Horse Front Leg Conformation

When viewing a horse from the front, there should be a straight line down the forearm to the center of the hoof.

horse front leg conformation correct

Correct

Straight line from the point of the shoulder through the middle of the hoof.

Horse front leg conformation base narrow

Base Narrow

Conformation Fault

Horse front leg conformation base narrow

Bow Legged

Conformation Fault

Horse front leg conformation base narrow

Knock Kneed

Conformation Fault

Horse front leg conformation base narrow

Pigeon Toed

Conformation Fault

Horse front leg conformation base narrow

Splay Footed

Conformation Fault

Horse Front Leg Conformation Side View

When viewing a horse from the side, there should be a straight line down the forearm to the center of the hoof.

Horse front leg conformation base narrow

Correct

Horse front leg conformation base narrow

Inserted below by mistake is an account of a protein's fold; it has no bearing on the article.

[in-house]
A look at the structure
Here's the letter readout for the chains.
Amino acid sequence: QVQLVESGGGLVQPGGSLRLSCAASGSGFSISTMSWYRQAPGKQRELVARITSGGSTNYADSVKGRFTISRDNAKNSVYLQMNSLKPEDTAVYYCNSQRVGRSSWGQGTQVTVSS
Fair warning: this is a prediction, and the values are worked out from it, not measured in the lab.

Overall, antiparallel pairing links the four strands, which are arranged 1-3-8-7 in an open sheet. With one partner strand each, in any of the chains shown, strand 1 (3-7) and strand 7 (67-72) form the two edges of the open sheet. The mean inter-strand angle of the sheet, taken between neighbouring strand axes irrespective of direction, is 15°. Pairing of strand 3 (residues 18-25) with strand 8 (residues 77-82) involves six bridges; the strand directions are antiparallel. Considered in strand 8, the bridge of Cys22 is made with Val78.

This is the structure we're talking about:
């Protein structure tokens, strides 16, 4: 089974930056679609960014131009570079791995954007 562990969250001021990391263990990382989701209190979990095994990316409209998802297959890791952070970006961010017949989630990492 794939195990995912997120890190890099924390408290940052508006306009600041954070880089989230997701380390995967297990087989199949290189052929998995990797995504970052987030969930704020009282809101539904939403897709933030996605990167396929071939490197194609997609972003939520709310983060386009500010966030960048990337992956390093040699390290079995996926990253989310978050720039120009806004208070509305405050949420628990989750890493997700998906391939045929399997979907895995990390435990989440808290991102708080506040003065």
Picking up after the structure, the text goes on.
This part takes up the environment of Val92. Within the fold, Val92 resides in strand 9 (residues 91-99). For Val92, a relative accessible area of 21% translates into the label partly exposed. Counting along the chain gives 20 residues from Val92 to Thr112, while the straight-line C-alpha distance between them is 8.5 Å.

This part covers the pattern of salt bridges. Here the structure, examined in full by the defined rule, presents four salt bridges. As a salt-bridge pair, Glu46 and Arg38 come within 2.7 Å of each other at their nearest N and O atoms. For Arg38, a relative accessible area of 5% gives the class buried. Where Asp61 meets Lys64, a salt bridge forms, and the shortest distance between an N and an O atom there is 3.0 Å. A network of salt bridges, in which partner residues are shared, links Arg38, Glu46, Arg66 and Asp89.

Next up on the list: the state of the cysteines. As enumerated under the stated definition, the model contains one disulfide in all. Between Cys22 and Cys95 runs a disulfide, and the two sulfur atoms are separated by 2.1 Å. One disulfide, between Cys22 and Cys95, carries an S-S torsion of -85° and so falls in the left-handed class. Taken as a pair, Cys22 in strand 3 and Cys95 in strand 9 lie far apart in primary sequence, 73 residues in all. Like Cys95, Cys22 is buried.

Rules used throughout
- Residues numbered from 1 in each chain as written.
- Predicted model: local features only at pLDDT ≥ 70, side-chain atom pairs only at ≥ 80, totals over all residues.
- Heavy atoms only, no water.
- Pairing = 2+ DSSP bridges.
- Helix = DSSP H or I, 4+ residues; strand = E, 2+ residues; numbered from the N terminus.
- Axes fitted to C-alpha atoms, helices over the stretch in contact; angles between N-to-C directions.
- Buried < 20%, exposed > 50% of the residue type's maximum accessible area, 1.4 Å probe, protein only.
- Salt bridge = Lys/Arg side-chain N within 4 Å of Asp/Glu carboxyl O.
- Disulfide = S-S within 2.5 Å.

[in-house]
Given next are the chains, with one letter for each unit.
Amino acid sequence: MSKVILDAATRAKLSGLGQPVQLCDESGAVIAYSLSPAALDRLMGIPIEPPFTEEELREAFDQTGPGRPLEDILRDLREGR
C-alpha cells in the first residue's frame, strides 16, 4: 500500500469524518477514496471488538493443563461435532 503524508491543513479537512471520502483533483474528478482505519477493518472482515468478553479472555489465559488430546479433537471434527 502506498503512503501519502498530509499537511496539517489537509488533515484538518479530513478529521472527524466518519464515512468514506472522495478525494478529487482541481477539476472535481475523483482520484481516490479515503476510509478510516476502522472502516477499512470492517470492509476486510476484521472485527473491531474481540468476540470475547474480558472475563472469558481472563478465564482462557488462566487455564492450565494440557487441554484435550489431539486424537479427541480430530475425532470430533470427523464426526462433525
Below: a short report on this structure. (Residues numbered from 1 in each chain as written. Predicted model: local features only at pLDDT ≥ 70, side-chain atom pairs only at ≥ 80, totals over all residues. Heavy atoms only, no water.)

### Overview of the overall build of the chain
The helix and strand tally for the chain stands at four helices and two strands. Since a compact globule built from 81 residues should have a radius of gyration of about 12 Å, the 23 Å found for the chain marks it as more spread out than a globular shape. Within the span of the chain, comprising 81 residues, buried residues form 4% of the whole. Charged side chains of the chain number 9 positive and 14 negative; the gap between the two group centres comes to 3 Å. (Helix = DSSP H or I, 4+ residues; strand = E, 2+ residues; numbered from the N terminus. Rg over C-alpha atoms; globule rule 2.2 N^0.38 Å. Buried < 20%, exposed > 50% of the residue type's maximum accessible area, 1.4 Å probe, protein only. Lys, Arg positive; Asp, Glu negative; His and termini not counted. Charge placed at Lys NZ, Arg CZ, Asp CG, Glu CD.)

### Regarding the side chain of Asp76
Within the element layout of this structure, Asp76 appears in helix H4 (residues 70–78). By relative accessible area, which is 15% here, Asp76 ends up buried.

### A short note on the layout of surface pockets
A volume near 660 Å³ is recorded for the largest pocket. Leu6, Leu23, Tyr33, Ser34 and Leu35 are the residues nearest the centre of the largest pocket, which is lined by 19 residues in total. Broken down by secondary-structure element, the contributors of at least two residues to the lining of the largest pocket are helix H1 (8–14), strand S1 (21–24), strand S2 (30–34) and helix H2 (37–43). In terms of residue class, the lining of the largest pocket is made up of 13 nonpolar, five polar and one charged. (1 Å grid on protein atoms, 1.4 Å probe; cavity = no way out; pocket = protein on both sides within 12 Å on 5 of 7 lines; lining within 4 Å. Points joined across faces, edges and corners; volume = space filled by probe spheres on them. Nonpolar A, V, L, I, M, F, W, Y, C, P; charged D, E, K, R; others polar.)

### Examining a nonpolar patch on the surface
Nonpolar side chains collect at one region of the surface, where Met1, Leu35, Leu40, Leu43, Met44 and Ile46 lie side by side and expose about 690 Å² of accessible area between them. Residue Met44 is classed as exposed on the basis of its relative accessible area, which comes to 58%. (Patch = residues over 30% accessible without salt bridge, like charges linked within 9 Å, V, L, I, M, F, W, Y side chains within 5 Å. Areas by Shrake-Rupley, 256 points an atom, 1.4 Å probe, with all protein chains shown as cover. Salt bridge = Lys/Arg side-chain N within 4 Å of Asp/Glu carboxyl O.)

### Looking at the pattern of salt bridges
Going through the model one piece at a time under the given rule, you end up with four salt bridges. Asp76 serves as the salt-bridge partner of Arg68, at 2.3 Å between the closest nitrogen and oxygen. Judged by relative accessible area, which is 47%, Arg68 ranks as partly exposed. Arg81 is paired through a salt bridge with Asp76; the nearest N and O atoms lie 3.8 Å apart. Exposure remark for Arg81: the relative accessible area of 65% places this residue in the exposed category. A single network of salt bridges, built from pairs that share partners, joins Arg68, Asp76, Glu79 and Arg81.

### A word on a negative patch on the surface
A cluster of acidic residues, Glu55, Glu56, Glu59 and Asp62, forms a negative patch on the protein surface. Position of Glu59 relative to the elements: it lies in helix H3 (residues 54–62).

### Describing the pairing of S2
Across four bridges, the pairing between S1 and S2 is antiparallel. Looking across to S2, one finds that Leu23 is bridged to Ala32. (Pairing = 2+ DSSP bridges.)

Calf Kneed

(Back at the knee)
Conformation Fault

Horse front leg conformation base narrow

Buck Kneed

(Over at the knee)
Conformation Fault

horse front legs

The Horse’s Back

A balanced horse’s topline should be shorter than the underline.

A longer topline indicates that the horse has a long, weak back which can lead to weak muscling. Longer back length can make it difficult for horses to bring their hind legs under their body when moving. The hind legs reaching under the body are the source of power for the horse to move forward, and also make the horse more adjustable to ride.

If a horse cannot bring his hind legs very far underneath his body, more weight is carried on the front legs. This can lead to a loss of maneuverability and a more jarring ride for the rider.

horse topline conformation

Topline

The horse’s topline should be shorter than the underline.

Horse Hind Leg Conformation